Application sandboxing, also called application containerization, is an approach to software development and mobile application management (MAM) that limits the environments in which certain code can execute.
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The goal of sandboxing is to improve security by isolating an application to prevent outside malware, intruders, system resources or other applications from interacting with the protected app. The term sandboxing comes from the idea of a child's sandbox, in which the sand and toys are kept inside a small container or walled area.
Developers that don't want an application to be touched by outside influences can wrap security policies around an app (see app wrapping) or isolate each application in its own virtual machine (VM), an approach known as micro-virtualization.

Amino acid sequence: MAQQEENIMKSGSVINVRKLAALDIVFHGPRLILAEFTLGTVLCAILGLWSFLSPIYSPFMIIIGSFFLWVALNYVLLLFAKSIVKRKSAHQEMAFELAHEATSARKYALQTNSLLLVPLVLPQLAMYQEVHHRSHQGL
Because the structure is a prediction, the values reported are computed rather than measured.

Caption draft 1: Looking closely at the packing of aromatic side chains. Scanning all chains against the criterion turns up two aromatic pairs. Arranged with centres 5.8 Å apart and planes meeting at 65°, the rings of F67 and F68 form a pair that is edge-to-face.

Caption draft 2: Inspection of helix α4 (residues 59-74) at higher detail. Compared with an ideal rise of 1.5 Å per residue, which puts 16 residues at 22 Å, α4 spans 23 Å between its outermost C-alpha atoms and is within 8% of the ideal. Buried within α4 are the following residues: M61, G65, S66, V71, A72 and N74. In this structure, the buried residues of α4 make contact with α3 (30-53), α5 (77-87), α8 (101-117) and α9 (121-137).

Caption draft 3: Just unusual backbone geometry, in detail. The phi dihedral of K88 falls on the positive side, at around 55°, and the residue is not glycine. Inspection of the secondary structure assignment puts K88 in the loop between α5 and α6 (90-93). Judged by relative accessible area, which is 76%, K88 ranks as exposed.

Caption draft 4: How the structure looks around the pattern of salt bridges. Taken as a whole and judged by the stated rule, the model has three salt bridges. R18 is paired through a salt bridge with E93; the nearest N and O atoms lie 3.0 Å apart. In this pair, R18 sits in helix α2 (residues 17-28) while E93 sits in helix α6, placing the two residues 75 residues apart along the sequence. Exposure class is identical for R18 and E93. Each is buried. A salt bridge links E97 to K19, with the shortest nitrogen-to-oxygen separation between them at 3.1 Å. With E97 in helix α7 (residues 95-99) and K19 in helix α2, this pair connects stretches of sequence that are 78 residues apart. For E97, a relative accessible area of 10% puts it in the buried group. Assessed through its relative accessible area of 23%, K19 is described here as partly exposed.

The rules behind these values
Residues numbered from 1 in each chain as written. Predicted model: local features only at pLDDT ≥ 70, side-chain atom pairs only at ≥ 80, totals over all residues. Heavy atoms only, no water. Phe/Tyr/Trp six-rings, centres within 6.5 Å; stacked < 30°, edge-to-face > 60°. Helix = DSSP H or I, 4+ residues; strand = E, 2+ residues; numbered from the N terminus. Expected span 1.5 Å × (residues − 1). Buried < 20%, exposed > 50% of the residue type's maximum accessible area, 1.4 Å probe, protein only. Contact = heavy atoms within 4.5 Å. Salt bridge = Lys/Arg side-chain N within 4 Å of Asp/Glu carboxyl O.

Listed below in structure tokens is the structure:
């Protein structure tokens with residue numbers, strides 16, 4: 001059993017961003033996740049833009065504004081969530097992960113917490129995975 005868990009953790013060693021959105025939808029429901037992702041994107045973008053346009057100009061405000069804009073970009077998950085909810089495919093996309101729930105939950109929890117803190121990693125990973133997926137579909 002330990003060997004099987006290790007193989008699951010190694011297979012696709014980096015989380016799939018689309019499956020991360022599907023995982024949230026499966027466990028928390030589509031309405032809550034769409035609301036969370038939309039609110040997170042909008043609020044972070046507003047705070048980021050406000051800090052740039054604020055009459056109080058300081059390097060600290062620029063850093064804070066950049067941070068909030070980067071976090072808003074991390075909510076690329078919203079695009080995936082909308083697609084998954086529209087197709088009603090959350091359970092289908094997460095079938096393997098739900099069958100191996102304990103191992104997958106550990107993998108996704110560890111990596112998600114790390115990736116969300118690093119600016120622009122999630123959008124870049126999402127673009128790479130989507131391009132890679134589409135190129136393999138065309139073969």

Application sandboxing is controversial because its complexity can cause more security problems than the sandbox was originally designed to prevent. The sandbox has to contain all the files the application needs to execute, which can also create problems between applications that need to interact with one another. For example, if a developer builds an application that needs to interact with a device's contacts list, sandboxing would cause that application to lose important functionality.